Quanta spoke with Jurić about how the swell of data is changing what it means to be an astronomer. An edited and condensed version of the conversations follows.

Photo of Mario Jurić

Jurić in front of the alert stream for the Zwicky Transient Facility (ZTF), an observatory that watches for objects like asteroids or supernovas that move or change in brightness. The ZTF sends out alerts to astronomers within about 20 minutes of if finding something, and sends up to 1 million alerts a night. The Large Synoptic Survey Telescope will send alerts within one minute of detecting something, and is expected to produce about 10 million alerts a night.

Chona Kasinger for Quanta Magazine

How is the rise in data changing astronomy?

Our biggest challenge essentially since the beginning, since ancient Greece, was collection of data. Astronomy was always a data-limited science. Now your typical survey generates information on hundreds of millions of stars, and then repeat observations of those. And with LSST, we’re getting in the regime where we will observe about 40 billion objects. Suddenly you have this huge influx of data into an area of science that was very much information-limited before. Instead of having a couple hundred objects on which you’re basing your theories and your understanding of the universe, we’re now dealing with a couple hundred million objects. The sheer amount of data has gone up tremendously. And that, of course, creates challenges in processing.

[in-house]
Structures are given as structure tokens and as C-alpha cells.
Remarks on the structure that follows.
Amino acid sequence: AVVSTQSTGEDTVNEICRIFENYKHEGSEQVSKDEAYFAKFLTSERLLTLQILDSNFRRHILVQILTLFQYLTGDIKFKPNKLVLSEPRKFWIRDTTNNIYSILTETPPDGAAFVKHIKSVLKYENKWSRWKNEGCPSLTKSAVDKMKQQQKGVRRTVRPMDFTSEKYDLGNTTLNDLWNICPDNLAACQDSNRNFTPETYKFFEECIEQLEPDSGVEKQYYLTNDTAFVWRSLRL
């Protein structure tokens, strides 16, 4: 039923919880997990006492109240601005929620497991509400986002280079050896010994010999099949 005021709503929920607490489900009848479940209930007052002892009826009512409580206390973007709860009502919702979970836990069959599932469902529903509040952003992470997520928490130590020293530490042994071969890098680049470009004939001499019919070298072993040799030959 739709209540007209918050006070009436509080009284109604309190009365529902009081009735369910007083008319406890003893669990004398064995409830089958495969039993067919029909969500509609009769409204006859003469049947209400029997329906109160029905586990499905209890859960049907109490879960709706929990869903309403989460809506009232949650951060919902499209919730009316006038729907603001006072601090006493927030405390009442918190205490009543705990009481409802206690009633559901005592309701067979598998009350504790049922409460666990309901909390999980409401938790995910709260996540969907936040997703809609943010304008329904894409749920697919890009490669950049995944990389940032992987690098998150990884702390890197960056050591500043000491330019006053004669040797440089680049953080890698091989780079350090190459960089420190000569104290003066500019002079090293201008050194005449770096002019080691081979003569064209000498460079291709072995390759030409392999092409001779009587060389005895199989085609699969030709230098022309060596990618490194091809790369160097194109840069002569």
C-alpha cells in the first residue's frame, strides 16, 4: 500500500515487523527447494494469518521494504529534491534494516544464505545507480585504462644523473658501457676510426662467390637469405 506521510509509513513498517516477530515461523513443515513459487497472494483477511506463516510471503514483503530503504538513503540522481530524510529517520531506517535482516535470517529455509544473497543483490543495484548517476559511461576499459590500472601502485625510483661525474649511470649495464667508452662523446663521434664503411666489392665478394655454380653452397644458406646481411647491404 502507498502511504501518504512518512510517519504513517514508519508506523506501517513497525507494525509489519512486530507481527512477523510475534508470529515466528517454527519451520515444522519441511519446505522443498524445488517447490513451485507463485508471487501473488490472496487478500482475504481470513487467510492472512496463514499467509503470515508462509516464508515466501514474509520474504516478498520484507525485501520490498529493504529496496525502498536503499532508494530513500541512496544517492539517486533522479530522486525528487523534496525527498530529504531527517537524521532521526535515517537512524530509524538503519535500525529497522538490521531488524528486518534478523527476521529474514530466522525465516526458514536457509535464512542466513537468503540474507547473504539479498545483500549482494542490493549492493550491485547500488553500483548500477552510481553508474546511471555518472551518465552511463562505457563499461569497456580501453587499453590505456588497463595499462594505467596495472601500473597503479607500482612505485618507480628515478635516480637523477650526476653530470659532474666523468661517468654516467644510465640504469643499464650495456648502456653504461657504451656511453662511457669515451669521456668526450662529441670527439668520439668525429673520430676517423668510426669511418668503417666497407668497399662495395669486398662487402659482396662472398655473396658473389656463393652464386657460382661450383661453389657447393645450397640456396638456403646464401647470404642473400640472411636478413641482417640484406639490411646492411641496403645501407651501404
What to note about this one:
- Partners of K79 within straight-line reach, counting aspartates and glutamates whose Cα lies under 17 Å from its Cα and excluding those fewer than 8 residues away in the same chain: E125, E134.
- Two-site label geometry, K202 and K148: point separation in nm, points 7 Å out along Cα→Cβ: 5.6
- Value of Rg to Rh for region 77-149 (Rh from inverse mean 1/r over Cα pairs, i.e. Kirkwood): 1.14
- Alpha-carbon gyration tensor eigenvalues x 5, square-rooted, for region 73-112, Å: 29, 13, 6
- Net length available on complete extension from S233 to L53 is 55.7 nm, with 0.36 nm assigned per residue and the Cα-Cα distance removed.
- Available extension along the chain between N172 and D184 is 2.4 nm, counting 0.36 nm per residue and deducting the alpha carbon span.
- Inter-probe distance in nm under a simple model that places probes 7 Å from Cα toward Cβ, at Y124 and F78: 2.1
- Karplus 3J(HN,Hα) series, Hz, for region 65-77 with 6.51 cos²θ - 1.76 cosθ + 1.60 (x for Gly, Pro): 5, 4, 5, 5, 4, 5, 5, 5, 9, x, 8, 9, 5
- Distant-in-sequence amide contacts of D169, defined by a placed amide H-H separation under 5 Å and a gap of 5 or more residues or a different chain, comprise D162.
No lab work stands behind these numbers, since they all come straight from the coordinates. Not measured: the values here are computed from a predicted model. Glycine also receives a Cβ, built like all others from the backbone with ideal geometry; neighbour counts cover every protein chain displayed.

Now we have to come up with ways to turn those into something that’s useful for constructing theories, for making inferences. If I cannot express in code what it is I need the computer to do for me, or measure for me, then I have no way to actually convert any of that data we’ve collected into a form that I can use to reason about theories.

So computation and programming become very important?

The way I think about that is, when physics branched off from philosophy, the thing that made a difference was the introduction of mathematics, the ability to write down the logic in a set of equations and with strict rules that you know would take you from point A to point B in a self-consistent way. It’s the realization that to make the next step in physics, you actually have to do it that way. At that point, physics became linked to mathematics. Mathematics is the language of physics.